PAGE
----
The B.C. government, First Nations and environmental lawyers are using one word to describe the Supreme Court of Canada’s rejection of the latest court challenge against the Trans Mountain pipeline expansion: “disappointed.”
The country’s highest court on Thursday shut down the province’s effort to regulate the flow of bitumen through the controversial project, ending an argument on whether provinces or Ottawa had jurisdiction over interprovincial pipelines.
“Clearly, we are disappointed by the decision, but this does not reduce our concerns regarding the potential of a catastrophic oil spill on our coast,” B.C. Premier John Horgan said in a statement.
Speaking in Kamloops, Attorney General David Eby joined Horgan in promising to do “what we can under our jurisdiction to protect our economy and our environment.”
“Caring about our land and water and our economy, and the impacts of potential spills of not just bitumen but potentially other substances that the province wanted to regulate, is critically important,” Eby said.
The decision was issued from the bench after several hours of hearings Thursday in Ottawa.
It removes one of the remaining obstacles for the Trans Mountain pipeline expansion, which seeks to twin an existing pipeline running between Edmonton and Burnaby, B.C.
B.C. argued it has jurisdiction to protect the environment in its borders and since that province would bear the brunt of any damage from a spill if the pipeline ruptured, it should get a say in what can flow through it.
The Supreme Court’s decision upheld a similar dismissal of the province’s reference case by the B.C. Court of Appeal last May. The lower court ruled the province’s effort to require provincial permits for heavy oil to flow through the pipeline would overstep the constitutional authority given to Ottawa.
The court also noted while B.C. was trying to portray the legislation as a general change to its environment laws, it was clearly targeting the Trans Mountain expansion, since that was the only project to which the changes would apply.
B.C. Liberal Leader Andrew Wilkinson called on Eby and the NDP government to disclose the full legal costs the province has mounted as the case made its way through the courts.
According to the opposition party, that bill is closing in on $1 million since the NDP took power in 2017.
“John Horgan knew the federal government held clear jurisdiction over the pipeline, but he spent millions of dollars just in political posturing,” he said.
“When will the NDP stop the political games and let British Columbians get to work on a project supported by a majority of people in our province?”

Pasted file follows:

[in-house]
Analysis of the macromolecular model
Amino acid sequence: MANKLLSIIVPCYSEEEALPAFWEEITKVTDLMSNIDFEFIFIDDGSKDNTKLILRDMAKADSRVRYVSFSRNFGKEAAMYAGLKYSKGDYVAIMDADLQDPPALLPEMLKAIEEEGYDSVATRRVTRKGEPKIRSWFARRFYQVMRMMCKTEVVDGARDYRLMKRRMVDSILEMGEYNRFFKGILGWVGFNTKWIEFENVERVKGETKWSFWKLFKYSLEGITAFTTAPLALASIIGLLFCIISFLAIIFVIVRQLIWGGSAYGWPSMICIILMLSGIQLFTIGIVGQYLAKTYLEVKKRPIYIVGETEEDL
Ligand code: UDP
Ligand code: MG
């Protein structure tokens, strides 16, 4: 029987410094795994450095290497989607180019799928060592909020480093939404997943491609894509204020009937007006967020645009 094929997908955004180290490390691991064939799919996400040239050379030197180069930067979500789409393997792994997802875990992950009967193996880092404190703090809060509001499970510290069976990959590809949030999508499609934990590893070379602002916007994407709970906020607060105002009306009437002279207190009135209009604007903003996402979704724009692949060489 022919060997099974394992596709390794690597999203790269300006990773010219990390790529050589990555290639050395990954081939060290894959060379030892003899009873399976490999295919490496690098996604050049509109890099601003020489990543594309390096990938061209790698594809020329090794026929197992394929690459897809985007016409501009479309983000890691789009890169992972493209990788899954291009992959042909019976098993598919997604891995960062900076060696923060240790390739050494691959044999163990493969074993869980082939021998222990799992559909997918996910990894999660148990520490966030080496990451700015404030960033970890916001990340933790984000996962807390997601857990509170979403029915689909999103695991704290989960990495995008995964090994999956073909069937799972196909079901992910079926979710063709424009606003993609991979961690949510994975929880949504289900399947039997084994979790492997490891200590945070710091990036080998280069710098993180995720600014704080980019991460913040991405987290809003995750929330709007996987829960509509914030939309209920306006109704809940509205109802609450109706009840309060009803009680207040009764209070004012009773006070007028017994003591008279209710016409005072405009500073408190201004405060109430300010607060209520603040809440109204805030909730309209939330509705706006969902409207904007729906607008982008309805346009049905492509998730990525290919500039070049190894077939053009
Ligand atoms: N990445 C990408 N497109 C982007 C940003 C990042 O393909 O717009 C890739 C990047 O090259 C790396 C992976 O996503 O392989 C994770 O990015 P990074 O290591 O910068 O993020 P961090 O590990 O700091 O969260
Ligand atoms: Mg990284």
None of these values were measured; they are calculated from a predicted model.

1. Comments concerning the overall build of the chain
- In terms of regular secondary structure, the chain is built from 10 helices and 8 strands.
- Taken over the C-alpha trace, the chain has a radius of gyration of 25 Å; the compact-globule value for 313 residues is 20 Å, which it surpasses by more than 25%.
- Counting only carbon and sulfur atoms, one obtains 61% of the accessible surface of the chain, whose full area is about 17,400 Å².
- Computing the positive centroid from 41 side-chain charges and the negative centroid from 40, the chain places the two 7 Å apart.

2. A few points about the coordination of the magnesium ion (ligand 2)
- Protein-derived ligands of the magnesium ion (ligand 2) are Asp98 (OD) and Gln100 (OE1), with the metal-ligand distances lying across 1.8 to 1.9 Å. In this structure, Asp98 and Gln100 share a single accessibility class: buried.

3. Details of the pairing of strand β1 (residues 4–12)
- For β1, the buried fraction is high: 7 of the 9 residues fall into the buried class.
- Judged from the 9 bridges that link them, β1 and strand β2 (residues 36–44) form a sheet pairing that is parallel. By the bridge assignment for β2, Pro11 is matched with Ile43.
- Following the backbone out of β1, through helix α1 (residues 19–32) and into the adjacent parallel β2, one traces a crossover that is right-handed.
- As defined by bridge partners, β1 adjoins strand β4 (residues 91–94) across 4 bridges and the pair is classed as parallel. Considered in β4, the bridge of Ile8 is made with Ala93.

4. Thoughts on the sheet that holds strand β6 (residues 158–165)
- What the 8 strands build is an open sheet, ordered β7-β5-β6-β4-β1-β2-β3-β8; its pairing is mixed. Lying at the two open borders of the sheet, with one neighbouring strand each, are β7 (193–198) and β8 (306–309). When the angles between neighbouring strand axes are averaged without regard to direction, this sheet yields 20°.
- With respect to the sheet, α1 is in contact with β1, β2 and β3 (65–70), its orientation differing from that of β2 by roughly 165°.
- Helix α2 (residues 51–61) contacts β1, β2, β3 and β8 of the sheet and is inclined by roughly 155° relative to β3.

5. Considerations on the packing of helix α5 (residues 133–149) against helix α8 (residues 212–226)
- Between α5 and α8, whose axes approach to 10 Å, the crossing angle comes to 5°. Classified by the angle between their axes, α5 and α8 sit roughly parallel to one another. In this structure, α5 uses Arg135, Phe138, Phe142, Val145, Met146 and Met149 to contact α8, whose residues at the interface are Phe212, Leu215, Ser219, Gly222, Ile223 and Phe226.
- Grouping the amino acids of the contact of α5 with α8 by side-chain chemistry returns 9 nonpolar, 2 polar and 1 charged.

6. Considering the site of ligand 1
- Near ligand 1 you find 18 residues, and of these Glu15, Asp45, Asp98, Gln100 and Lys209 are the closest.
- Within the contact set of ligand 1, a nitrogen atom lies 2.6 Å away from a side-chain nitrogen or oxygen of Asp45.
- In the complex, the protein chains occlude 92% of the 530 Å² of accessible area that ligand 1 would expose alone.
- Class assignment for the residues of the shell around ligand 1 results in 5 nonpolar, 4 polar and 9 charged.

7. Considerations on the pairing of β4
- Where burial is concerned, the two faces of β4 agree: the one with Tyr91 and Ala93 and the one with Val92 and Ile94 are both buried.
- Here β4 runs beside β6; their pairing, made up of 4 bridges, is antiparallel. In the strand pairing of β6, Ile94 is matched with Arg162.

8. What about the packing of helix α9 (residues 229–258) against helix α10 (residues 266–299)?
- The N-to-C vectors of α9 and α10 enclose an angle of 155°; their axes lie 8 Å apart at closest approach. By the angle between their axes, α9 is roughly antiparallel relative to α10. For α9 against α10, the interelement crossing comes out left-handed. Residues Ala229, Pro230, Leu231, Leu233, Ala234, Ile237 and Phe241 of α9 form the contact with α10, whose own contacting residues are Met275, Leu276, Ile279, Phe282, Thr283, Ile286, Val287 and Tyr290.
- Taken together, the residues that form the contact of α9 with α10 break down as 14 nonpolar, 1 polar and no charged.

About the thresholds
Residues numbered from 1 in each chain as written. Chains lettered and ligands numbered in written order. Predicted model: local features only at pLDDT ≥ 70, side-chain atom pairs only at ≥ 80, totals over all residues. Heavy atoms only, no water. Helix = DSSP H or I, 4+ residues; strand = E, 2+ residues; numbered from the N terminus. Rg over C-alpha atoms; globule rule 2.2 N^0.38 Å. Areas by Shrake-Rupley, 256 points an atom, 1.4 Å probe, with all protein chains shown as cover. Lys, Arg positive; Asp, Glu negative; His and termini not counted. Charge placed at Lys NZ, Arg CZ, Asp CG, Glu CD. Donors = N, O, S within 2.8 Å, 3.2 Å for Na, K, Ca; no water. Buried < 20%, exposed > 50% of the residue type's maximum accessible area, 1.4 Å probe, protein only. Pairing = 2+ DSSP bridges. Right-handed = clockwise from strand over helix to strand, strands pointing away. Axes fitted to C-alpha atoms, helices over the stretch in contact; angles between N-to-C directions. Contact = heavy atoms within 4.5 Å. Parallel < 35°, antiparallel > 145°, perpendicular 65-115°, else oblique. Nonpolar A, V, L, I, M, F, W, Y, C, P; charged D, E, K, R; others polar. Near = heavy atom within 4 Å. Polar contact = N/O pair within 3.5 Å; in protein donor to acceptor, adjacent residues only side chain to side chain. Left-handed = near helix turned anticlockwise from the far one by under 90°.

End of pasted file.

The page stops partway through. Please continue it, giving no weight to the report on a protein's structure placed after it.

Project still faces challenges
The project is still facing a legal challenge from the Tsleil-Waututh Nation, Squamish Nation, Coldwater Indian Band and a coalition of small First Nations in the Fraser Valley focused on the federal government’s consultation with Indigenous communities between August 2018 and June 2019.
Two other First Nations who were originally part of that challenge have since dropped out of the appeal after signing deals with Trans Mountain Corp.
B.C. has also been ordered by the B.C. Court of Appeal to reconsider its environmental assessment certificate and conditions that was awarded in 2017, before the project was briefly halted by the Federal Court of Appeal.
The ruling was made in September in favour of a legal challenge mounted by the Squamish Nation and the City of Vancouver.
It’s through that ruling that the province could still seek to protect its coast while abiding by the Supreme Court decision, West Coast Environmental Law laywer Eugene Kung said.
Kung said while the province could face difficulty in adding additional conditions without frustrating a federal project, it could still further delay construction as Trans Mountain moves to meet that criteria — creating a new test for Ottawa and the project’s supporters.
“Let’s say it caused a delay of six months to a year,” he said. “You might hear that a delay of that length would be financially challenging for the project. And my response to that would be … if one year of delay to create a safer project would cause it to become a financial hardship, then how much of an actual economic boon is it really?”
B.C.’s original certificate placed 37 conditions on Trans Mountain — on top of the 156 placed on it by the National Energy Board — largely centred on spill prevention and coast protections.
Svend Biggs, a climate campaigner with Stand.Earth, said he’s hopeful the province considers strengthening other conditions like research into how to clean up a bitumen spill, along with health and safety questions for those responsible for cleaning it up.
“There’s plenty more the province could do that would basically make the company do more to protect our coastline and protect us from the risk of an oil spill,” he said.
Environment and Climate Change Minister George Heyman said the province is continuing to review the conditions, and that the Supreme Court decision “provides some further context for that work.”
“We remain concerned about the risks posed by diluted bitumen, and we will continue to do all we can to defend our environment, our coast and the tens of thousands of jobs that rely on them,” he said in a statement.
—With files from the Canadian Press